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A Texas lawmaker introduced a bill Monday known as “TEXIT” that would give voters a chance to decide if Texas should secede from the U.S.
Rep. Bryan Slaton (R) introduced HB3596, Texas Independence Referendum Act, or TEXIT, Monday that explores the option of Texas “reasserting its status as an independent nation.”
“If passed, it will place a referendum on the ballot during the next general election, allowing the people of Texas to vote on whether or not the state should investigate the possibility of Texas independence, and present potential plans to the legislature,” Rep. Slaton tweeted Monday.
HB3596 comes two weeks after Rep. Marjorie Taylor Greene (R) called for “red states” to secede in a “national divorce” on President’s Day.
TEXIT bill: Texans want to secede…again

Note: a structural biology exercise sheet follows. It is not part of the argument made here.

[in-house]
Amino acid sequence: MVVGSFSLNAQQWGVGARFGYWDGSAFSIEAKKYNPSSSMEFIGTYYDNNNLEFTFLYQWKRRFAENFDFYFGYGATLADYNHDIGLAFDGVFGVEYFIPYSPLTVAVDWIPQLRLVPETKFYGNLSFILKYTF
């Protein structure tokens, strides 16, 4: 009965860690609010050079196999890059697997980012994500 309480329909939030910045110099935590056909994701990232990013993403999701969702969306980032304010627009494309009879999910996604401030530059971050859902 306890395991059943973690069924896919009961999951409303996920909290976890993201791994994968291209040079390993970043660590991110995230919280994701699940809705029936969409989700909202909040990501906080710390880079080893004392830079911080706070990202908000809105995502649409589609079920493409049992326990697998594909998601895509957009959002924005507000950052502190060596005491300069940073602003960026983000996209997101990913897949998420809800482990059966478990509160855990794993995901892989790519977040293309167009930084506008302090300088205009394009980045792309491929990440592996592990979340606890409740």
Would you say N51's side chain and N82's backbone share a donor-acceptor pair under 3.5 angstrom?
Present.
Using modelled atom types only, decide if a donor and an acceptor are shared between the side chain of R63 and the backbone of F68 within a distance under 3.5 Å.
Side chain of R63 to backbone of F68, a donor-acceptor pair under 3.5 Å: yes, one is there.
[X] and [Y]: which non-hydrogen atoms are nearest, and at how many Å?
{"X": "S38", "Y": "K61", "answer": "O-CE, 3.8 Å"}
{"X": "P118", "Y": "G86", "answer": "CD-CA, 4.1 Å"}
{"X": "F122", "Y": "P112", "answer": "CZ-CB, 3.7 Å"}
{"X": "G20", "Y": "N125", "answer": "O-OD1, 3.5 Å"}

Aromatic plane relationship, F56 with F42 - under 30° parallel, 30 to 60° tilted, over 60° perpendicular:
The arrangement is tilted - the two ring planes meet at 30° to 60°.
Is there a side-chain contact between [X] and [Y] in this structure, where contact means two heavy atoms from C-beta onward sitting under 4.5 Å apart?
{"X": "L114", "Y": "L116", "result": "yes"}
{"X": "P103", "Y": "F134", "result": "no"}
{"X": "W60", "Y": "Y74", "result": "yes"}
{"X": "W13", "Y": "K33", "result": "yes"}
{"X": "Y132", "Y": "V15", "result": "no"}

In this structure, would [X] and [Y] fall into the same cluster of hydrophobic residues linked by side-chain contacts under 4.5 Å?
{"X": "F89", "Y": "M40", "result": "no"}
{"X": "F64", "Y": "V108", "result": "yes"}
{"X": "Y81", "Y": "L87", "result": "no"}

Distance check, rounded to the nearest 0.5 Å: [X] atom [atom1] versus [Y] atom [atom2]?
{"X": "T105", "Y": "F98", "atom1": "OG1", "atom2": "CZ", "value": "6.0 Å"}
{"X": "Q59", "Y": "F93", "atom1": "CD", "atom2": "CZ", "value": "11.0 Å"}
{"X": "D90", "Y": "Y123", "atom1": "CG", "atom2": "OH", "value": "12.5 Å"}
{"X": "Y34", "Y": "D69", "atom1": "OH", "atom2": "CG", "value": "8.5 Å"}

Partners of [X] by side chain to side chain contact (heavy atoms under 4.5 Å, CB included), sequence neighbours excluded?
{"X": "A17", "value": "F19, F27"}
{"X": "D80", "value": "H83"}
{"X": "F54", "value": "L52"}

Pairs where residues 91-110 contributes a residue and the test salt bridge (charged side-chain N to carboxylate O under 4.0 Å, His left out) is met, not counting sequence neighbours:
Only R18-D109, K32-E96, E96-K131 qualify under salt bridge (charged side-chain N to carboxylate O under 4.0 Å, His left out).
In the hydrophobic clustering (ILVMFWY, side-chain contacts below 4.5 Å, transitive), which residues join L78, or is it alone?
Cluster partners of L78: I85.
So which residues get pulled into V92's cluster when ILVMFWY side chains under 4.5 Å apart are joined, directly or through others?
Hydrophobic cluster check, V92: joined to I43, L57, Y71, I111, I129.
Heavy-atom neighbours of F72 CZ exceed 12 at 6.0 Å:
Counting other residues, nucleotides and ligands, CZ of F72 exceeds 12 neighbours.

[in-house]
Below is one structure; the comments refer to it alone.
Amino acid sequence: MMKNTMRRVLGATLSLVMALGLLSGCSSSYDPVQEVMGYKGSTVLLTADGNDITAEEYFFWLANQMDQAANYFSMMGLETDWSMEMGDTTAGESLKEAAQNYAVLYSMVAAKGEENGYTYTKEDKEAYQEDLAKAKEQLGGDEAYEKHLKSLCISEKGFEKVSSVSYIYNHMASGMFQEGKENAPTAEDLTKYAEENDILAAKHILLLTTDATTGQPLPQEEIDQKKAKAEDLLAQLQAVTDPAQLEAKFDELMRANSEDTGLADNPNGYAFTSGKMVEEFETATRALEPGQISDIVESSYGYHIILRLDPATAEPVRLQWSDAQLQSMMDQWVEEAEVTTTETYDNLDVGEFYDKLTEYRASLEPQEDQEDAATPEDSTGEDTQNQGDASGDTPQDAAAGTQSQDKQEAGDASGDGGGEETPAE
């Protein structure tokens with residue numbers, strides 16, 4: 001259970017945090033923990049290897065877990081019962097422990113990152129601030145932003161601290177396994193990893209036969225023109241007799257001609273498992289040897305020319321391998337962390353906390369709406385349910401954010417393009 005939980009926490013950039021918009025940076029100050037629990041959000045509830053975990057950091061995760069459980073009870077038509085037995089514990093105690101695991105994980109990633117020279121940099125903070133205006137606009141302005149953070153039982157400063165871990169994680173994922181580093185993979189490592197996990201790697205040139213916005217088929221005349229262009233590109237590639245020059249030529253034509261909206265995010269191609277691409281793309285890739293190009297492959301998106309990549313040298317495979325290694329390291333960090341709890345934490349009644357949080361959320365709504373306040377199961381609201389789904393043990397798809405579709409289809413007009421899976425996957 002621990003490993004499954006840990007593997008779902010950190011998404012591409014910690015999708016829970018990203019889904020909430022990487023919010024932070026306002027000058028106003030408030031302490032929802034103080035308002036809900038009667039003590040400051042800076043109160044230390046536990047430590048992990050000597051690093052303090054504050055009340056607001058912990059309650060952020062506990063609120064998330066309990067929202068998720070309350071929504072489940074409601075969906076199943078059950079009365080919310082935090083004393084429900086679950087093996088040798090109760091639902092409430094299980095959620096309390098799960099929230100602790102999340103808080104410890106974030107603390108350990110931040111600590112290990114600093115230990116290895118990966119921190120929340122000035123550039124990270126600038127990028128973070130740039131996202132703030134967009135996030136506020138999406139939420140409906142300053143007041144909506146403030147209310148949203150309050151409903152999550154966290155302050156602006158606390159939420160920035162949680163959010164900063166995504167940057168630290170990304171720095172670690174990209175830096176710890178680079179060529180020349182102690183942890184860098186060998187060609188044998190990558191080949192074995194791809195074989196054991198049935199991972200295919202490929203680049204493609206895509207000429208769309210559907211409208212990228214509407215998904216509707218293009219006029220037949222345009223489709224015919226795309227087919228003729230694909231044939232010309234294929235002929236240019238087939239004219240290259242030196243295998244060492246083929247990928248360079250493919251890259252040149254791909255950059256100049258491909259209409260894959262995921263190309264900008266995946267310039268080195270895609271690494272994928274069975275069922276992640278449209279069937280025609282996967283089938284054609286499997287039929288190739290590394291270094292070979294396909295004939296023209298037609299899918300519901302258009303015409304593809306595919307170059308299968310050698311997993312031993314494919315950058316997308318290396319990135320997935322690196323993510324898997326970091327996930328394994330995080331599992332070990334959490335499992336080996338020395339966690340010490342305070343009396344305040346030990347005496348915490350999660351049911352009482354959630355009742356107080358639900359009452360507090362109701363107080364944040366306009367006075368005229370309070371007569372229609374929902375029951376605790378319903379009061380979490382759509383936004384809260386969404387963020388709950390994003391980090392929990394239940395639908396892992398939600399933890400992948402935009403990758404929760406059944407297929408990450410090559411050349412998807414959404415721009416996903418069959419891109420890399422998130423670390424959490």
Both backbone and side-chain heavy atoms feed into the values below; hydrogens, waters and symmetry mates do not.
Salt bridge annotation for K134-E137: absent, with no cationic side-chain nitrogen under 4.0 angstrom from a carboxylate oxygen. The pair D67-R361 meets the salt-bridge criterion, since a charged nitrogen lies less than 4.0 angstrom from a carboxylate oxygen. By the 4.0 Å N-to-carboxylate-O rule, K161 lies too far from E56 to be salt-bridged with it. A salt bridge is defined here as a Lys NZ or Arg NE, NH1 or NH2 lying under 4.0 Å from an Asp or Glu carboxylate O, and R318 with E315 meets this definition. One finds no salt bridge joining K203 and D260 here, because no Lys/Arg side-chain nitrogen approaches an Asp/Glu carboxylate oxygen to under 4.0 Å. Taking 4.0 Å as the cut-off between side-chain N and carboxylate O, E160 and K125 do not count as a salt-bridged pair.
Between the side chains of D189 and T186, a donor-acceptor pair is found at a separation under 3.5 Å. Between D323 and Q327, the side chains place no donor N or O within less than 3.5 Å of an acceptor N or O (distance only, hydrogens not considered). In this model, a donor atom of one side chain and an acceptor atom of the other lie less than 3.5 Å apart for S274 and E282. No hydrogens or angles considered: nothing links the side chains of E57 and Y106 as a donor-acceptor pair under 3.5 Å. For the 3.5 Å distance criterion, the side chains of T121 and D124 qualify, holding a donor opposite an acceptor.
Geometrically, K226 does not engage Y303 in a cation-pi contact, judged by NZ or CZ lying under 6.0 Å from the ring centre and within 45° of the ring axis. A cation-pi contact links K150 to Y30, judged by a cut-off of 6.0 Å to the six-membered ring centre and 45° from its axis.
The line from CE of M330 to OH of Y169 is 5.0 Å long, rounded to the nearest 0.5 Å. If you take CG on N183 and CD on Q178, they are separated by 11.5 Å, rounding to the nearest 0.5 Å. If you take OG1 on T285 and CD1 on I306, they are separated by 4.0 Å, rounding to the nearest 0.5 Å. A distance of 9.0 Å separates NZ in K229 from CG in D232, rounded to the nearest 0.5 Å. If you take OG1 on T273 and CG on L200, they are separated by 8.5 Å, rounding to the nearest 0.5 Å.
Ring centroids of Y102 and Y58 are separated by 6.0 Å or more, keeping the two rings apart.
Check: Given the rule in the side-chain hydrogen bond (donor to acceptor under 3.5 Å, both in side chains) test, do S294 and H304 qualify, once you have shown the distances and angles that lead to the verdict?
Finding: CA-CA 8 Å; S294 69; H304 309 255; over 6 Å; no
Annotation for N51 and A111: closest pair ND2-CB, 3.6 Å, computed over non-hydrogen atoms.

This isn’t the first attempt by lawmakers to get Texas to secede from the U.S. The same bill was filed in March 2021, but it didn’t receive a hearing or a vote.
That didn’t deter Rep. Slaton from filing the TEXIT bill on the anniversary of the fall of the Alamo.
“On this 187th anniversary of the fall of the Alamo I’m proud to file this bill to let the people of Texas vote on the future of our State. Texas was born out of a desire for liberty and self-governance, and that desire continues to burn in the hearts of all Texans,” the state rep. said.
If Texas’ power grid is an example of what one can expect in a secession, things don’t look good.
State leadership has fallen under heavy criticism after the state’s power grids have failed multiple times over the last few years causing billions of dollars in damages and hundreds of deaths. Texas is the only state not on the national power grid, limiting its ability to handle power surges.
In the winter of 2021, a massive winter storm struck Texas leaving millions without power for weeks. And then in the summer of 2022, Texas faced rolling blackouts and Texans were encouraged to turn their thermostats to 78 degrees during the day and avoid using large appliances.
This year’s TEXIT bill is not expected to pass committee.